8 Things You Need to Know About Hedge Fund Investments

8 Things You Need to Know About Hedge Fund Investments

8 Things You Need to Know About Hedge Fund Investments


Did you know that three-quarters of investing Americans regret not investing their money as early as possible?

However, we can’t really blame people for not knowing how to start investing, especially with vague terms like hedge funds and other financial investment instruments.

If you’ve been looking for a simple explanation for the nuances of hedge fund investments, you’ve come to the right place.

Here’s a full breakdown of the key eight things you need to know about hedge funds and some tips on how to start your investment journey.


Read on to learn more.


1. Hedge Fund Investments: What Are They?

In order to outperform typical investment returns for their investors, hedge funds managers utilize a variety of tactics, such as purchasing using borrowed money and trading obscure assets. They’re seen as high-yielding, high-risk investments.

Hedge funds exclude all but the wealthiest investors due to their high minimum investment and/or net worth requirements.


2. Understanding the Inner Workings of Hedge Funds

Using the word “hedge fund” makes it easier to understand what is going on. An investor in a classic mutual fund may make a hedged bet using some of the available assets.

This is a wager against the fund’s emphasis, meant to make up for any losses in the fund’s primary investments.

When the economy is thriving, a fund manager may allocate some of the assets to equities in a non-cyclical industry like food or power firms.

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This is an example of a cyclical sector fund manager. Non-cyclical equities should outperform cyclical ones if the economy falters.

Hedge fund managers in the current era have pushed this idea to its logical conclusion. Except for a handful who adhere to the hedge fund’s basic premise, known as the traditional long/short stocks model, their funds have nothing to do with hedging.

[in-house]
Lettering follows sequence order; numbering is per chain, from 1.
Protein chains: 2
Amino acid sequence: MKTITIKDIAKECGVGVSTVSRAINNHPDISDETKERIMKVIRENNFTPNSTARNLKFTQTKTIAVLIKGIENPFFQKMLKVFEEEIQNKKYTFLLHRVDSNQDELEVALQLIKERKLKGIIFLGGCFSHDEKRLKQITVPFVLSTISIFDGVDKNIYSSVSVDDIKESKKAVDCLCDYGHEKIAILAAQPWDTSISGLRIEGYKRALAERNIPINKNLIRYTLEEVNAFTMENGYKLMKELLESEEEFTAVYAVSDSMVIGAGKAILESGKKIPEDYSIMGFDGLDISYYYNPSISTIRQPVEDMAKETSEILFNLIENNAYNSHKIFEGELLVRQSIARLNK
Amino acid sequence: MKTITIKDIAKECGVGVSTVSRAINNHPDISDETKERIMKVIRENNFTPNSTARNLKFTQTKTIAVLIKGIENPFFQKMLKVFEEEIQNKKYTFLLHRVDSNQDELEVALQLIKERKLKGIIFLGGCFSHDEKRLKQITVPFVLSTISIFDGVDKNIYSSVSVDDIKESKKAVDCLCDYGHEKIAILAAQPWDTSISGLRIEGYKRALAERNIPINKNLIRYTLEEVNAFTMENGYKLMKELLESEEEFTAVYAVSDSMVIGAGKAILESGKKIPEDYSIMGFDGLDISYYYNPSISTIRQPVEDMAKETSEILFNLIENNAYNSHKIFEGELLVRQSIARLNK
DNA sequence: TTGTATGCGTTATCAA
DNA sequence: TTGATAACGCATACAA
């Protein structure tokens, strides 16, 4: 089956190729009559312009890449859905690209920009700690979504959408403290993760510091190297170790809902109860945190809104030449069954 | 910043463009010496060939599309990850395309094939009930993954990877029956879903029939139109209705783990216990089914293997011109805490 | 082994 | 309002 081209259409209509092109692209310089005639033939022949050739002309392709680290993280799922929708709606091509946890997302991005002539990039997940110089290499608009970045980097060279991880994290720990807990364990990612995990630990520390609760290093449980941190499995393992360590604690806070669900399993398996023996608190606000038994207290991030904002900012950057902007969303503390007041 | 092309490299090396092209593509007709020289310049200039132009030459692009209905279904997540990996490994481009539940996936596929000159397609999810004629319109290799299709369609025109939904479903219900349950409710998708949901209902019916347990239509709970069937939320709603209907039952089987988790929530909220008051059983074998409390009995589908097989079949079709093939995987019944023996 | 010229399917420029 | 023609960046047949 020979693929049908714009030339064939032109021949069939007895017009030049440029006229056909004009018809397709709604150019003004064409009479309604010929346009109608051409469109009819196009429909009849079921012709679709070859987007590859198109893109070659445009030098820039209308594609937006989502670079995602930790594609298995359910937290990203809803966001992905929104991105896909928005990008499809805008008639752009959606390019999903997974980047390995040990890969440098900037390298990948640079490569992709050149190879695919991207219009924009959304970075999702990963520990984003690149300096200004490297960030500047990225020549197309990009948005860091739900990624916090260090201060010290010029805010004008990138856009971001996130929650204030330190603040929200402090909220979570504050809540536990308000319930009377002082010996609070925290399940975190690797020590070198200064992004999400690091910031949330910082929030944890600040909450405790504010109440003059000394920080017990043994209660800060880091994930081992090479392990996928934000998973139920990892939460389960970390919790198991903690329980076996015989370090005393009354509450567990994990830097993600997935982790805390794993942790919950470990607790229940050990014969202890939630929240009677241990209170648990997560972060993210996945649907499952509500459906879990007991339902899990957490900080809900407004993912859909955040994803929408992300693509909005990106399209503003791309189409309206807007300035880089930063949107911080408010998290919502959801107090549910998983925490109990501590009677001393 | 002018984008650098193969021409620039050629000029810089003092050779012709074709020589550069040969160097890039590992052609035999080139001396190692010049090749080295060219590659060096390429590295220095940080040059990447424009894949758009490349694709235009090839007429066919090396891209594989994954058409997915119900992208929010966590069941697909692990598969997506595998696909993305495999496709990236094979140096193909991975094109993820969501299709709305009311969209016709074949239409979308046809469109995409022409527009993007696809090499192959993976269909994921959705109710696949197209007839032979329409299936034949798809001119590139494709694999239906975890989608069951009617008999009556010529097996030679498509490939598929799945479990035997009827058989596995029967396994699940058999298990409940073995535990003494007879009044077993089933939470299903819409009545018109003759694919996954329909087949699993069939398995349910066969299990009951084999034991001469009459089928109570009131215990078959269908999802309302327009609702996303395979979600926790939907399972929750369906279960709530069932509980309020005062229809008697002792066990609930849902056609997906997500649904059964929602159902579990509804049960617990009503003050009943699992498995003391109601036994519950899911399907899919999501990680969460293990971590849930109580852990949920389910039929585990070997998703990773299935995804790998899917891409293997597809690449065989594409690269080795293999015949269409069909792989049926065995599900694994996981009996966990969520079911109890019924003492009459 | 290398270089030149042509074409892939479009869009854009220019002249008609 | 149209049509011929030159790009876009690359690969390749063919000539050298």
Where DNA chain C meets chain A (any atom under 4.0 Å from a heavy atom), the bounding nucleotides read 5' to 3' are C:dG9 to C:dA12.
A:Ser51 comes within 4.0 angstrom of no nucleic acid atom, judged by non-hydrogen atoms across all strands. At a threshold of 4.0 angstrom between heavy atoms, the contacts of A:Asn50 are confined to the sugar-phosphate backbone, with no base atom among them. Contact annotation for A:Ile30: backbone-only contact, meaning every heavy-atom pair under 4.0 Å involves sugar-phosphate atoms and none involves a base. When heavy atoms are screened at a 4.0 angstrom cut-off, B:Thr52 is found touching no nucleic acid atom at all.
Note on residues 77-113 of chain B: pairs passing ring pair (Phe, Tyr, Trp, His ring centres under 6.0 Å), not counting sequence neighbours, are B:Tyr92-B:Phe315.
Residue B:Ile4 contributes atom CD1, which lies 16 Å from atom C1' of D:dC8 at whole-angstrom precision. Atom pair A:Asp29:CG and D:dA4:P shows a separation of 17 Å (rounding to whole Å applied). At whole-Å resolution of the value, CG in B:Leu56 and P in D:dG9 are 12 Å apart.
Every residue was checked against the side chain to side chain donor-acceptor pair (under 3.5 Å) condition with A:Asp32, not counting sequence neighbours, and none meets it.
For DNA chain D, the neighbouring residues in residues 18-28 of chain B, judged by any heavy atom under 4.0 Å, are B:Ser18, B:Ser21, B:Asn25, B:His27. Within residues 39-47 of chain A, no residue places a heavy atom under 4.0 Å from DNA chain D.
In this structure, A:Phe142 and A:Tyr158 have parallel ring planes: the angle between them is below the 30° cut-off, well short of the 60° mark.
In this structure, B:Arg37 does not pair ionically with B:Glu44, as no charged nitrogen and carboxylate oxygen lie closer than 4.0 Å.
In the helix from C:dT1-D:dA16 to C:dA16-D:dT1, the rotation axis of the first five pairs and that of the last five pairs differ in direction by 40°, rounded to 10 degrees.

3. Your Appetite for Risk

Using riskier methods in riskier ways is allowed by hedge funds without consequences.

Notably, they regularly make use of tactics known as leeway. So they borrow money to purchase additional assets in order to increase their profit margins and hence their overall profit margins (or losses).

In addition, they make derivative investments in the form of options and futures.

For the most part, they can invest in speculative assets that traditional investors wouldn’t touch. Significantly, the Securities and Exchange Commission (SEC) regulates hedge funds less severely than it does mutual funds.

In the exclusive world of hedge fund investment, many fund managers are seen as stars, which is why hedge funds are so popular.

For a fee, you may hire one of these money managers. Hedge funds typically charge a management fee of 1% – 2% of assets, plus a “performance fee” of around 20% of profits.


4. The Types of Hedge Funds on the Market

There are several different types of hedge funds, and each one targets a different market opportunity. Event-driven investing and fixed-income arbitrage are two examples of broad hedge fund strategies. A fund’s investing approach determines how it is categorized.

It is legal for hedge funds to be established up as private investment limited partnerships that are only available to authorized investors and demand a very substantial initial commitment.

Liquidity issues arise while investing in hedge funds because of the lock-up period, which requires investors to hold their money in the fund for at least a year.

Withdrawals may also be limited to particular times of the year, such as every quarter or every two years.